“The Single Bed Series (Diary)“, is a work in which Furni clearly shows that she keeps a diary through painting. The artist has been making paintings of this by-now fictional bed since May of 2012; she chose to exhibit the works in groups according to the month in which the paintings were completed. The paintings are sometimes abstracted, sometimes realistic, alienat- ing that bed which exists somewhere out there, and show Furni distancing herself from painting and representing her internal world through the same object.
The matches – “Trivial Stuff for Personal Freedom” – confront the viewer in a similar manner—sometimes in a mess, sometimes in perfect order. The meaning that we charge each painting with not only helps us understand how Furni is expressing herself, but also how we feel at that moment and place. The mirror that Furni obsessively holds up to herself is an interrogation that we are forced to partake in through the visuals and associations. The artist equating the bed—a most private, special object—with the match, something that we associate with the word “trash” and that we do not think of outside of its functionality—shows both things as tools for expression. In other words, the bed and the match being represented from a similar perspective include these objects in Furni’s fiction.
The “rhythmic” feeling of both series point to a continuty beyond the exhibition. The artist exhibits a slice of her practice, while isolating a section of time. The works, which we know have a before and an after, make the process of production accessible—the consciousness that not every- thing is at the exhibition space triggers an inevitable sense of curiosity, a tense form of the unknown. The “Spatial Experiments,” represented in the exhibition with one canvas, foreshadow where the artist is going with the perception of time and space. Male barbershops, which women cannot or do not enter, and all-male coffee shops are portrayed on large square canvases; Furni represents these invisible barriers of gender through the perfect, square canvas that imprisons the image and challenges the painter to pictorially represent a spatial tension. The paintings employ different mis-en-scènes, made mobile by the visual language of the drawings; these direct and complete the story. The artist selects objects from her messy living space and by abstracting these objects, seeks a hierar- chy, an organization. The background, which has been left as is, exposes this reflection. Furni’s images describe momentary impressions; loneliness and privacy becomes the artist’s subject, transcending their quotidian role.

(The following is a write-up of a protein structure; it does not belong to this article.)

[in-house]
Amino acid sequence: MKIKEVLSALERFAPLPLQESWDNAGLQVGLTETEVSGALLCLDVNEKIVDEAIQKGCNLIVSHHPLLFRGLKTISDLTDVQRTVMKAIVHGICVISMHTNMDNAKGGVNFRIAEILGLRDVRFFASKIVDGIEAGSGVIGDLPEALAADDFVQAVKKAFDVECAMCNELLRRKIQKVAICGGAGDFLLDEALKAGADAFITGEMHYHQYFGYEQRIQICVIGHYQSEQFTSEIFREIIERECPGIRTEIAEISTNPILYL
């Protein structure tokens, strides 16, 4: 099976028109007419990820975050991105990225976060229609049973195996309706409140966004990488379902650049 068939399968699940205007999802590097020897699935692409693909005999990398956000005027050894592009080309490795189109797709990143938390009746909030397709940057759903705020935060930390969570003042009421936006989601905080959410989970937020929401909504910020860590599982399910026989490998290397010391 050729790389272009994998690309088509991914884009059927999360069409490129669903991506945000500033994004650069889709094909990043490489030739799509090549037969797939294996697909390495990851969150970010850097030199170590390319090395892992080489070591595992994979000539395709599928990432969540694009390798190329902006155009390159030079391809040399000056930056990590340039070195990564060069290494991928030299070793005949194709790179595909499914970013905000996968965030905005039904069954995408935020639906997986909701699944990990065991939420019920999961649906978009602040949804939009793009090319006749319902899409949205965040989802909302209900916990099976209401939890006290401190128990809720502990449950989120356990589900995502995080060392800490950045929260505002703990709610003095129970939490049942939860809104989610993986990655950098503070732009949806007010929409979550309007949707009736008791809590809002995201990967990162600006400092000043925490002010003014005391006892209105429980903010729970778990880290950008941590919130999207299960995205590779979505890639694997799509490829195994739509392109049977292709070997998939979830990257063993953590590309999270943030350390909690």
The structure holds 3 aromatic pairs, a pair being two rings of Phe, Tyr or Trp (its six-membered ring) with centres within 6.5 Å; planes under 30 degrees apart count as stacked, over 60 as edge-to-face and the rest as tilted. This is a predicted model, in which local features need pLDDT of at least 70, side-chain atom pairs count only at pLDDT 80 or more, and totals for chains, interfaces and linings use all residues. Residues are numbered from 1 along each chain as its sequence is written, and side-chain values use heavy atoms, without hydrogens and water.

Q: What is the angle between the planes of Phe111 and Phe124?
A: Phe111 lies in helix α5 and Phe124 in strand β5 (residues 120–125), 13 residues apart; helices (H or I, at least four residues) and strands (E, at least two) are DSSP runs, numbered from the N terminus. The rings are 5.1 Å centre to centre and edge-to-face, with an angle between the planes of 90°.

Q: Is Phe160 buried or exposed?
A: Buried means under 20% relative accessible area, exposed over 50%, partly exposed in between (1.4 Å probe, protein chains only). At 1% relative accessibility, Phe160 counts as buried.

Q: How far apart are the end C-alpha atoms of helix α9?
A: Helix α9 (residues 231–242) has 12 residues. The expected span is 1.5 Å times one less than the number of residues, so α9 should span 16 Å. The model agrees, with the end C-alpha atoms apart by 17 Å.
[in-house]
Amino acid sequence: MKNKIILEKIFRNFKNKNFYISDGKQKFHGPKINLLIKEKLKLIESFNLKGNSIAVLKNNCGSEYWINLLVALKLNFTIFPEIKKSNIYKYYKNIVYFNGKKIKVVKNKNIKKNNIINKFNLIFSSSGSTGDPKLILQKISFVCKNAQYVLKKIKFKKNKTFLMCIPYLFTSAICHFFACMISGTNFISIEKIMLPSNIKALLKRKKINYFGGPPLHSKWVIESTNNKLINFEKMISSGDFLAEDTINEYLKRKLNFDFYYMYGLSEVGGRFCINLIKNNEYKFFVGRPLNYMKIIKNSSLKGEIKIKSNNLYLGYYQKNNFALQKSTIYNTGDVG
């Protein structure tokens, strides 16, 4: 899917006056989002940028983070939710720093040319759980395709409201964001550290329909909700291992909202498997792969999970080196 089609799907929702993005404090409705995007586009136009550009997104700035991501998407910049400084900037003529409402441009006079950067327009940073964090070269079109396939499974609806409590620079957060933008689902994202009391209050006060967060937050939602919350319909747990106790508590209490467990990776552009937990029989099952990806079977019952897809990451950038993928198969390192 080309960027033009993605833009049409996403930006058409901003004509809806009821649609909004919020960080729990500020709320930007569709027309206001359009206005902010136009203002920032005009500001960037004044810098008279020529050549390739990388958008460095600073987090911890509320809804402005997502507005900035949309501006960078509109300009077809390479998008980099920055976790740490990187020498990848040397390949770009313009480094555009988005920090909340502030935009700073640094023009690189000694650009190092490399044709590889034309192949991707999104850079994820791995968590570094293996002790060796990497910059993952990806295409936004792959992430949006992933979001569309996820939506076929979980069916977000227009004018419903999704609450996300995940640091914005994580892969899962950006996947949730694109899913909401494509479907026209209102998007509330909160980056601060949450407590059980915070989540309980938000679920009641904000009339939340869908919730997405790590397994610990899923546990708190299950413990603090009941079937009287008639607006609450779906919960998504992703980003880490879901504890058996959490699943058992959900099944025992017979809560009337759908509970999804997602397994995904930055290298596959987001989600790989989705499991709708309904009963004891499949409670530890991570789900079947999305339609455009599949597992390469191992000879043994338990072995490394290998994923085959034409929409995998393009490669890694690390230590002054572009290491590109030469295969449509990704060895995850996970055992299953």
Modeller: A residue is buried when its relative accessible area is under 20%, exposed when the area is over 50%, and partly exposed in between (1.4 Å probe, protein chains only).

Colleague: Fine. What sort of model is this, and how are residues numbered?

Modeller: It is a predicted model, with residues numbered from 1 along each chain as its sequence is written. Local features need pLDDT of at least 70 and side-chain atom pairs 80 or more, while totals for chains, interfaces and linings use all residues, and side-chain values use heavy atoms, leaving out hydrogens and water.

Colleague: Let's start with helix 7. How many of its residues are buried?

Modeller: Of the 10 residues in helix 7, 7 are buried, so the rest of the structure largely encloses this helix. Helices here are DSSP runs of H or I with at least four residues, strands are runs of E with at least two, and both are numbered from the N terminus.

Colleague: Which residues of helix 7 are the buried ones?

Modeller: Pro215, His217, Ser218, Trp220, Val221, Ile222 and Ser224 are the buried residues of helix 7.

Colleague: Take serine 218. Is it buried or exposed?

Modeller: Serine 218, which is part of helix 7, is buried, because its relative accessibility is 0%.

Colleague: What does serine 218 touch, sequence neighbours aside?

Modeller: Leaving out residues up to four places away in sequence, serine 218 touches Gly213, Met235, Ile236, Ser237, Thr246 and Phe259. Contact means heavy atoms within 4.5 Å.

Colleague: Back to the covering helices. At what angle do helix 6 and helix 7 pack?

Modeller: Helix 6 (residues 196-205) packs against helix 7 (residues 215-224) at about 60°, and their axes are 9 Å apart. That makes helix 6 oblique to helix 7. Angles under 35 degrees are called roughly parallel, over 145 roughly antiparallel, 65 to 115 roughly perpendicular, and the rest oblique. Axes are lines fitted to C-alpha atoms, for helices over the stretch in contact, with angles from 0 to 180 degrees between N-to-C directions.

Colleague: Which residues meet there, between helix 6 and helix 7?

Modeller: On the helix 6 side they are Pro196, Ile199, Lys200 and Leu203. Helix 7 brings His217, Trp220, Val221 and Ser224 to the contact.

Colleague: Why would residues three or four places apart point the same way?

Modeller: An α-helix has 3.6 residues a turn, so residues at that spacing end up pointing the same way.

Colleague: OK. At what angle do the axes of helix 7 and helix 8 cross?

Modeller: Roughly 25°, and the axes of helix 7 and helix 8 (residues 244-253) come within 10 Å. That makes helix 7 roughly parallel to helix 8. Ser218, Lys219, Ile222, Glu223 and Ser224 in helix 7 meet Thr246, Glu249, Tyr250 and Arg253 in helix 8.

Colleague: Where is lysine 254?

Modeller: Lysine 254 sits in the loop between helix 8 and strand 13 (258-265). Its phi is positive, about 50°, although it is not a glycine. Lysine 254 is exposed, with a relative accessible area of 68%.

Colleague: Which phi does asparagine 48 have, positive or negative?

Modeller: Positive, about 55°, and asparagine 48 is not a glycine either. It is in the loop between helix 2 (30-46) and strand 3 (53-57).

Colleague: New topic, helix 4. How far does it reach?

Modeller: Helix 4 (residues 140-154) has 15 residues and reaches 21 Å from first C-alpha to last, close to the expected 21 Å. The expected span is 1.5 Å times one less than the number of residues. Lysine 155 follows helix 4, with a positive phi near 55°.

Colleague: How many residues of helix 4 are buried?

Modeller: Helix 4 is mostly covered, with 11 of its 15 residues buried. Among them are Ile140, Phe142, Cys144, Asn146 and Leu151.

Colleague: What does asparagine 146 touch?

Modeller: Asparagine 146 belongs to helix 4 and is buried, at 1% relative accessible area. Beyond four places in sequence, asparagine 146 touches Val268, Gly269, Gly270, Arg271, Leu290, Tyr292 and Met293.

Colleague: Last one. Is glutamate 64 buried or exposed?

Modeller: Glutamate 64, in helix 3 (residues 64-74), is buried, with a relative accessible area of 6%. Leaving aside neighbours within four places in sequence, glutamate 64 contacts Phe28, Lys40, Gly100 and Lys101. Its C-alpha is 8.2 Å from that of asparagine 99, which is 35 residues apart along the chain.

The stories that begin on paper as drawings stand on their own on the canvases, abstracted.
In other words, the affinity between Furni’s match and bed diaries, and her obsessive relationship with material, has a tumultuous movement [between mediums?]; her canvases become independent as they move these minute stories to a fictional world. Perhaps each one of the canvases can be related to the drawings; their integrity is a reflection, an anchoring of the unity of Furni’s visual and intellectual world, pointing out that Furni transforms the daily without separating herself from it. This togetherness shows that the artist does not distinguish be- tween herself and the thing that is the same everyday; on the contrary, she works with the tension right under the surface of that very lack of difference.
Furni, with this exhibition, highlights that the constructedness in painting is both a quotidian obsession and a projection of internal stories and emotions.

Text by Merve Ünsal, Rampa Gallery